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Wednesday 12 August 2015

‘Half the World Away’ by Cath Staincliffe

Published by Constable,
4 June 2015.
ISBN: 978-1-47211-797-7 (HB)

Cath Staincliffe has been one of crime fiction’s best kept secrets for some years: an accomplished plotter with a talent for creating the kind of characters her readers could warm to and empathize with. Now she has turned that talent to even better use, in the kind of novel which delves into effects of crime on the lives of people it touches and damages. Letters to My Daughter’s Killer was a turning point for her; Half the World Away picks up the same ball, and carries it away down the field.

The theme this time is every parent’s nightmare: the almost-grown-up child who disappears in a foreign country where even the language seems a million miles from our own. Jo Maddox’s daughter Lori has gone travelling in the far east after university, and after months of sporadic but fairly frequent contact via e-mail and a blog, she suddenly falls silent.

Jo and Tom, her ex and Lori’s father, head out to China to look for her. They battle with the language, fall foul of Foreign Office red tape and Chinese police methods and attitudes, find themselves under arrest for taking matters into their own hands, and eventually discover the truth about what has happened to their daughter – all set against a background of the domestic problems they have left behind, and the noisy, claustrophobic city Lori has made her temporary home.

There is crime, but it’s not a crime novel, except insofar as Jo and Tom unpick the clues the police are ignoring and finally pick up a trail which leads them where they need to go. Rather, it’s a psychological thriller in the sense that it explores the psychology of the whole situation, both in China and back at home.

Staincliffe has an extraordinary ability to weave the day-to-day minutiae of domestic life into her narrative in a way which adds an extra layer of depth, but never becomes mundane. The way Jo deals with her two very different little boys, the widening cracks in her second marriage, her contradictory feelings towards Tom: it all serves to make her a real, rounded human being. I even forgave (after about ten pages) the present tense narrative – a device which in the wrong hands can so often be pretentious, but which Staincliffe’s deft touch turns into a way of drawing the reader into a narrative which has immediacy, and bucketloads of emotional richness without a smidgen of sentimentality.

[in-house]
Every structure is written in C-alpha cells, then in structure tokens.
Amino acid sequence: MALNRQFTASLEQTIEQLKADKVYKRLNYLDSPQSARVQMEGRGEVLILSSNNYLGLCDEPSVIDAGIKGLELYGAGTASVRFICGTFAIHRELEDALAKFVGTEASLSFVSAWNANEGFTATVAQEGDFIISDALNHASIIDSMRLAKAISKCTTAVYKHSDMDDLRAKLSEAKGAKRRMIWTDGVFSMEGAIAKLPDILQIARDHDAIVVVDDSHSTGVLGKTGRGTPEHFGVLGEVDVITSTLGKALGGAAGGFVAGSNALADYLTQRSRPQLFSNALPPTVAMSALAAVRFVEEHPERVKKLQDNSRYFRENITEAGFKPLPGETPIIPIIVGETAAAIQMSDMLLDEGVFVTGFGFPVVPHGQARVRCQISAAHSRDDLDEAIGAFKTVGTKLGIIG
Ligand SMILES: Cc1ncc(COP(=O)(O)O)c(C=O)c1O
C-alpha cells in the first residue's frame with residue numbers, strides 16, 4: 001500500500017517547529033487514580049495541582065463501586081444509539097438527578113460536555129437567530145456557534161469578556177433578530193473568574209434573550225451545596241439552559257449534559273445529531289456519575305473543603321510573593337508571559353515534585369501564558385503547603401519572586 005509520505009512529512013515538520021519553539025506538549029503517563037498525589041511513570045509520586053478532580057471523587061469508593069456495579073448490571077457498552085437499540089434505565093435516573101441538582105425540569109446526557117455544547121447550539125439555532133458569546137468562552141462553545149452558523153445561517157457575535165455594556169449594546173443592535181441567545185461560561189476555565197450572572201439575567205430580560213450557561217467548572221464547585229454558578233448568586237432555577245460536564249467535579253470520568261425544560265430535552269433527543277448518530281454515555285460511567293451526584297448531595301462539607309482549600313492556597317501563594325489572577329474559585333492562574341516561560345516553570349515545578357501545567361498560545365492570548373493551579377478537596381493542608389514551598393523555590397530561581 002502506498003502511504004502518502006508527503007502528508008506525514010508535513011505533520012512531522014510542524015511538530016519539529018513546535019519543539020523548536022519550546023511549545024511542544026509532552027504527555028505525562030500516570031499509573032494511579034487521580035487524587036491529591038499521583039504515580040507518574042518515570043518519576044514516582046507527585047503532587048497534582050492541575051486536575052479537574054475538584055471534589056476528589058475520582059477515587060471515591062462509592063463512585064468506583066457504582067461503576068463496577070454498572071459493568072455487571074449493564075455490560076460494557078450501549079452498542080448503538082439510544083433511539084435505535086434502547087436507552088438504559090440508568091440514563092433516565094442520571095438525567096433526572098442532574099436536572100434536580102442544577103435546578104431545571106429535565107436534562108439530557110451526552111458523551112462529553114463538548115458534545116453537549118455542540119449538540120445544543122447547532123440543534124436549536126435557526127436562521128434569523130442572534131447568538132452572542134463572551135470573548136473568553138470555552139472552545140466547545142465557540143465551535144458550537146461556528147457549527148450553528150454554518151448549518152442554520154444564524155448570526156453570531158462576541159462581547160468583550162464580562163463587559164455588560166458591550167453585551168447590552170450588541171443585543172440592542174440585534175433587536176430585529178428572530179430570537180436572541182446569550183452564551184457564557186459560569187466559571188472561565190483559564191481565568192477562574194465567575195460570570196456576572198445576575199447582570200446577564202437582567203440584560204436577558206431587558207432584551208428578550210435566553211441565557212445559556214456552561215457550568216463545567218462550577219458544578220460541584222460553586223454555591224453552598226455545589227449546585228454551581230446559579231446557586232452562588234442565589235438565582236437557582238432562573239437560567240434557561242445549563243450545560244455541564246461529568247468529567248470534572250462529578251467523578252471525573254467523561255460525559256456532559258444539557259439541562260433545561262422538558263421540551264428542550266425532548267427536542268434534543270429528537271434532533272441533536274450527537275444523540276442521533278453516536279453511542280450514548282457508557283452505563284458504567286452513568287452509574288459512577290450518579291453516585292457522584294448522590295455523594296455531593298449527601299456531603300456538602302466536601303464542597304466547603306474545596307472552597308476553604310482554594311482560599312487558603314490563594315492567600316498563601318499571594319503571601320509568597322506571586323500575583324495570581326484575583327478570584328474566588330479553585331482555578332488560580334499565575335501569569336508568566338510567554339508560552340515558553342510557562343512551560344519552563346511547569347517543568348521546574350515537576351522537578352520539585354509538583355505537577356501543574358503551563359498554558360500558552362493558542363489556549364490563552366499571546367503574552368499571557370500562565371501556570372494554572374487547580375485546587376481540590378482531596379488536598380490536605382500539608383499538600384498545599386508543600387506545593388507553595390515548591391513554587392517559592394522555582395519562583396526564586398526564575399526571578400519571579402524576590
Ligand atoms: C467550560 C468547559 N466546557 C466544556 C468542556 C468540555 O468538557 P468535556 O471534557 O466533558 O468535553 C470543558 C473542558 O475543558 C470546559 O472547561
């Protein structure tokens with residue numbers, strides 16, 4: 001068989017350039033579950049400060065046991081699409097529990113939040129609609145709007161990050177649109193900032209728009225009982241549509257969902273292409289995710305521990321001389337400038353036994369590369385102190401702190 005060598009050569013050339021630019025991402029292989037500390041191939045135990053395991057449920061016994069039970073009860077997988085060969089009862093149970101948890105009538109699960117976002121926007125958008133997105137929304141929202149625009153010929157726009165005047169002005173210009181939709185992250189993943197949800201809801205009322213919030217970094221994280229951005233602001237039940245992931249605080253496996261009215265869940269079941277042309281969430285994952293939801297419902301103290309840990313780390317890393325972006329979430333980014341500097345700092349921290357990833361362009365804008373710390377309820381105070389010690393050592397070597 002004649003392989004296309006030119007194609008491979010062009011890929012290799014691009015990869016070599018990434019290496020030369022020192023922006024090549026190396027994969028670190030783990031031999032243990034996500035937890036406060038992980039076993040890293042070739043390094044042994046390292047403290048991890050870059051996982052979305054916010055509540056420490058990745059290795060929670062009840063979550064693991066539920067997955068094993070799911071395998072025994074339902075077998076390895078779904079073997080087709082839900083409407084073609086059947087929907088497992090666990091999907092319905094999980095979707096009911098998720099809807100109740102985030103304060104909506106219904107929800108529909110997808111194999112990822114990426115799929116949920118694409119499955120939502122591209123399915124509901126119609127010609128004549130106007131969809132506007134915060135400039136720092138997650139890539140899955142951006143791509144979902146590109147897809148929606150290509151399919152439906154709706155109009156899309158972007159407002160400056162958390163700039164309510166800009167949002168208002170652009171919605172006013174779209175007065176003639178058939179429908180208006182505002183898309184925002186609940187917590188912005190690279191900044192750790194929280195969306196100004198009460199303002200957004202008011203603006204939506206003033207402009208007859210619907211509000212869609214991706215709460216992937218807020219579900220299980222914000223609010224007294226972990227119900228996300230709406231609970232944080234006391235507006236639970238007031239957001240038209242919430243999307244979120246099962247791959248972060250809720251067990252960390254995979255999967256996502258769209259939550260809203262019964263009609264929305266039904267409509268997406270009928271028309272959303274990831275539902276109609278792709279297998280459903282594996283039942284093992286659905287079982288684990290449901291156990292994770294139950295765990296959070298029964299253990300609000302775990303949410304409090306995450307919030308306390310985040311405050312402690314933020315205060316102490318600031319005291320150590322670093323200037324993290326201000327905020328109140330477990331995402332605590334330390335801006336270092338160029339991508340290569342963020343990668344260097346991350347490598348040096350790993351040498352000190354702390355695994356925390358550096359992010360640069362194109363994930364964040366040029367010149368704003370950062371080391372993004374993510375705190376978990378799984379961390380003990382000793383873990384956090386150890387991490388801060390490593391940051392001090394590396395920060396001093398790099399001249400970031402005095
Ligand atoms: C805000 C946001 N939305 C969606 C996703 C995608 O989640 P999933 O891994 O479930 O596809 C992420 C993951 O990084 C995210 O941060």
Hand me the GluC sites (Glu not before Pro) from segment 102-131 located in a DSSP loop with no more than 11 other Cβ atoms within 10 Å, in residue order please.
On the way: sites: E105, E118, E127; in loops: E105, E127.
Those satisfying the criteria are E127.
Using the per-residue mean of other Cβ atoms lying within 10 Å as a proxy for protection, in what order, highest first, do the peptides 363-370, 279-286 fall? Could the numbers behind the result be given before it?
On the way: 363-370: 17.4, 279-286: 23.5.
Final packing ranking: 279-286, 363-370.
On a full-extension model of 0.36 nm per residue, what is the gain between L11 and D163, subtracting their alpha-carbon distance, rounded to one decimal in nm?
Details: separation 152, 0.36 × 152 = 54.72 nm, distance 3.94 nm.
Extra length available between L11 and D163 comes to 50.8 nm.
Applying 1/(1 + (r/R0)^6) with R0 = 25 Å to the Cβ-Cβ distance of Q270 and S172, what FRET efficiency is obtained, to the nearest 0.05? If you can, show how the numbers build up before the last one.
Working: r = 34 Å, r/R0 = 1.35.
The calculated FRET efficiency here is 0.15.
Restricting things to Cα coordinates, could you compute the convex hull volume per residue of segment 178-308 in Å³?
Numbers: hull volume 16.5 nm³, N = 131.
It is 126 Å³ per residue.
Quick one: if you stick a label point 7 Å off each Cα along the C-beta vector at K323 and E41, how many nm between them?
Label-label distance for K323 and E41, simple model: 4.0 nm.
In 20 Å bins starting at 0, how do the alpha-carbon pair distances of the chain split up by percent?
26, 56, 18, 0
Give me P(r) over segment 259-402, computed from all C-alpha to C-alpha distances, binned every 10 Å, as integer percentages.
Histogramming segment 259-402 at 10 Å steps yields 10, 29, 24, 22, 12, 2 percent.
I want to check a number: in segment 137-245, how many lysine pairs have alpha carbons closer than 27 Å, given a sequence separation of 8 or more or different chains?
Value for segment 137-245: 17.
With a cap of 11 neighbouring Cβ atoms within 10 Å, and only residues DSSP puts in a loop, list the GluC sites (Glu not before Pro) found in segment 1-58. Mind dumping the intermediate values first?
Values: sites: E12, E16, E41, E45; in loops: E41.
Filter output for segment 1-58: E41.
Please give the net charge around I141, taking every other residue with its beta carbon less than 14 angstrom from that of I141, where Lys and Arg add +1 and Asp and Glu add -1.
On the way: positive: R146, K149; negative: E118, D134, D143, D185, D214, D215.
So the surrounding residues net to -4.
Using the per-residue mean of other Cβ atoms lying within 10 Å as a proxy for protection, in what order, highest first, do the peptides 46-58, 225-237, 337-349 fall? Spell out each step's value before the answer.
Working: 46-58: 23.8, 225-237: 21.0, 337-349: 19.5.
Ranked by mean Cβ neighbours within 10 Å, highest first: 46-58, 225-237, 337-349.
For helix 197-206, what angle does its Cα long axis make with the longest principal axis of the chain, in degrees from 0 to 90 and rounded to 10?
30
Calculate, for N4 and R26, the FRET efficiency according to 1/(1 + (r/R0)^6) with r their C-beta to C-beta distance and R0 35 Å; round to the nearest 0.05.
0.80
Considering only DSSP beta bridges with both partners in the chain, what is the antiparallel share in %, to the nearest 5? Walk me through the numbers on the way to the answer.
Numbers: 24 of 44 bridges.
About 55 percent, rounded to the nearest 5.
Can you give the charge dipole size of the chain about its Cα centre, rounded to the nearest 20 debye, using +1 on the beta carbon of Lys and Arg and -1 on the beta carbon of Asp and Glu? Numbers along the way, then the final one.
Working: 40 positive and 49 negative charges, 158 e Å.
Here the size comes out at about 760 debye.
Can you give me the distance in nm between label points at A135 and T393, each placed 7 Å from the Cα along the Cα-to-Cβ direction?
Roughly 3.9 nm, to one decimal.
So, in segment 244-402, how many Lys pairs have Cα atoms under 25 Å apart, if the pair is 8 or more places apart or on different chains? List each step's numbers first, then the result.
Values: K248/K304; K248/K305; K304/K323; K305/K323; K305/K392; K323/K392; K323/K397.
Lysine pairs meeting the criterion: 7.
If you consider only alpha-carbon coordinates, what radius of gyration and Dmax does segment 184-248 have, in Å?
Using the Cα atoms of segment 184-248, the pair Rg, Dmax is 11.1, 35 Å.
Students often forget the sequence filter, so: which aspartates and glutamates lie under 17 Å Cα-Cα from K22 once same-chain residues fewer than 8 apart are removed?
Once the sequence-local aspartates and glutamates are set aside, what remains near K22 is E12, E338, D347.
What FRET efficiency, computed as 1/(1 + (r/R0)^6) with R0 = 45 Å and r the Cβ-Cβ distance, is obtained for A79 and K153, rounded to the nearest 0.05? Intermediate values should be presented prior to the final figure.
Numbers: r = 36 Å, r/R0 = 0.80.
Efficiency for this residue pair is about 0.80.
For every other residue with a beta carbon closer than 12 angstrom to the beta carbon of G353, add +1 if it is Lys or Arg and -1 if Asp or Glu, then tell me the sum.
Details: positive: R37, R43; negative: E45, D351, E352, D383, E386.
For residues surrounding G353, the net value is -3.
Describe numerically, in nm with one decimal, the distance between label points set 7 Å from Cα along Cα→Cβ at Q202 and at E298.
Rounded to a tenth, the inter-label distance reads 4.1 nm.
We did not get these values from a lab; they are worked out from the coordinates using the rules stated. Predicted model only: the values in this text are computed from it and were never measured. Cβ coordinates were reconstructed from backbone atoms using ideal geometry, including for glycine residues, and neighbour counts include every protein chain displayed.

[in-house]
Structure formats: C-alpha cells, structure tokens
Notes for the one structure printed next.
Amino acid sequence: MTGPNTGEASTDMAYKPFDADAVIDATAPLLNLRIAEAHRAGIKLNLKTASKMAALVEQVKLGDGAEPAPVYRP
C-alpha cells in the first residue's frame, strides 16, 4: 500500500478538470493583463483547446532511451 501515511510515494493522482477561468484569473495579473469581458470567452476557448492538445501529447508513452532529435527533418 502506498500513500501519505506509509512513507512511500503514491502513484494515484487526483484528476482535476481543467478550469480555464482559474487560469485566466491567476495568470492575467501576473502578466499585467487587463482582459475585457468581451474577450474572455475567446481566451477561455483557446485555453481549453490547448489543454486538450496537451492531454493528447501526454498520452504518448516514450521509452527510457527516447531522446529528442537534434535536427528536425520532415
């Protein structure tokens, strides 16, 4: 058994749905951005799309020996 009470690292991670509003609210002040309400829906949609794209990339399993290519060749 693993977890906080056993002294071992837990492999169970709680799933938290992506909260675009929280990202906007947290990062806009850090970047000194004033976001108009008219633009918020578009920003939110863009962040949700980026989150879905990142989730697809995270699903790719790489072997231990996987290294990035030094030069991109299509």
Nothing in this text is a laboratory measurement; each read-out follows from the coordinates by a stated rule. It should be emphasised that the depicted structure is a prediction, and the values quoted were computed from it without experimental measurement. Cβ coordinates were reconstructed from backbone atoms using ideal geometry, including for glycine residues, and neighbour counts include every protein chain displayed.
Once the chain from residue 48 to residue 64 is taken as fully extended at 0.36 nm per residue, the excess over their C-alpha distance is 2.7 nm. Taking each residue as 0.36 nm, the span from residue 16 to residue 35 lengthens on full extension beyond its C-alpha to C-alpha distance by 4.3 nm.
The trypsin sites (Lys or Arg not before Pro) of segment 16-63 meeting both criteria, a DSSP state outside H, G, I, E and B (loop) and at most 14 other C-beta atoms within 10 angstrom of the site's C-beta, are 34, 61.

The ending is slightly ragged, not entirely happily-ever-after, just like real life. Which about sums up the entire novel. Highly recommended.
Reviewer: Lynne Patrick
Cath Staincliffe was brought up in Bradford and hoped to become an entomologist (insects) then a trapeze artist before settling on acting at the age of eight.  She graduated from Birmingham University with a Drama and Theatre Arts degree and moved to work as a community artist in Manchester where she now lives with her family. Looking for Trouble, published in 1994, launched private eye Sal, a single parent struggling to juggle work and home, onto Manchester’s mean streets.  It was short listed for the Crime Writers Association’s John Creasey best first novel award, serialised on BBC Radio 4, Woman’s Hour and awarded Le Masque de l’Année in France.  Cath has published a further seven Sal Kilkenny mysteries. Cath is also a scriptwriter, creator of ITV’s hit police series, Blue Murder, which ran for five series from 2003 – 2009 starring Caroline Quentin as DCI Janine Lewis.  Cath writes for radio and created the Legacy drama series which features a chalk-and-cheese, brother and sister duo of heir hunters whose searches take them into the past lives of families torn apart by events.
Trio, a stand-alone novel, moved away from crime to explore adoption and growing up in the 1960s.  Cath’s own story, of tracing and being re-united with her Irish birth family and her seven brothers and sisters, featured in the television documentary Finding Cath from RTE.
Split Second, Cath’s latest novel in her stand-alone series about ethical dilemmas, explores the question of whether to intervene or not when violence erupts in a public place – and what the consequences might be. Dead To Me, a prequel to the popular Scott & Bailey TV show, sees the two women detectives thrown together for the very first time as they investigate the brutal murder of a teenage girl.
Cath is a founder member of Murder Squad, a virtual collective of northern crime writers.  She is an avid reader and likes hill-walking, messing about in the garden and dancing (with far more enthusiasm than grace).

Lynne Patrick has been a writer ever since she could pick up a pen, and has enjoyed success with short stories, reviews and feature journalism, but never, alas, with a novel. She crossed to the dark side to become a publisher for a few years, and is proud to have launched several careers which are now burgeoning. She lives on the edge of rural Derbyshire in a house groaning with books, about half of them crime fiction.

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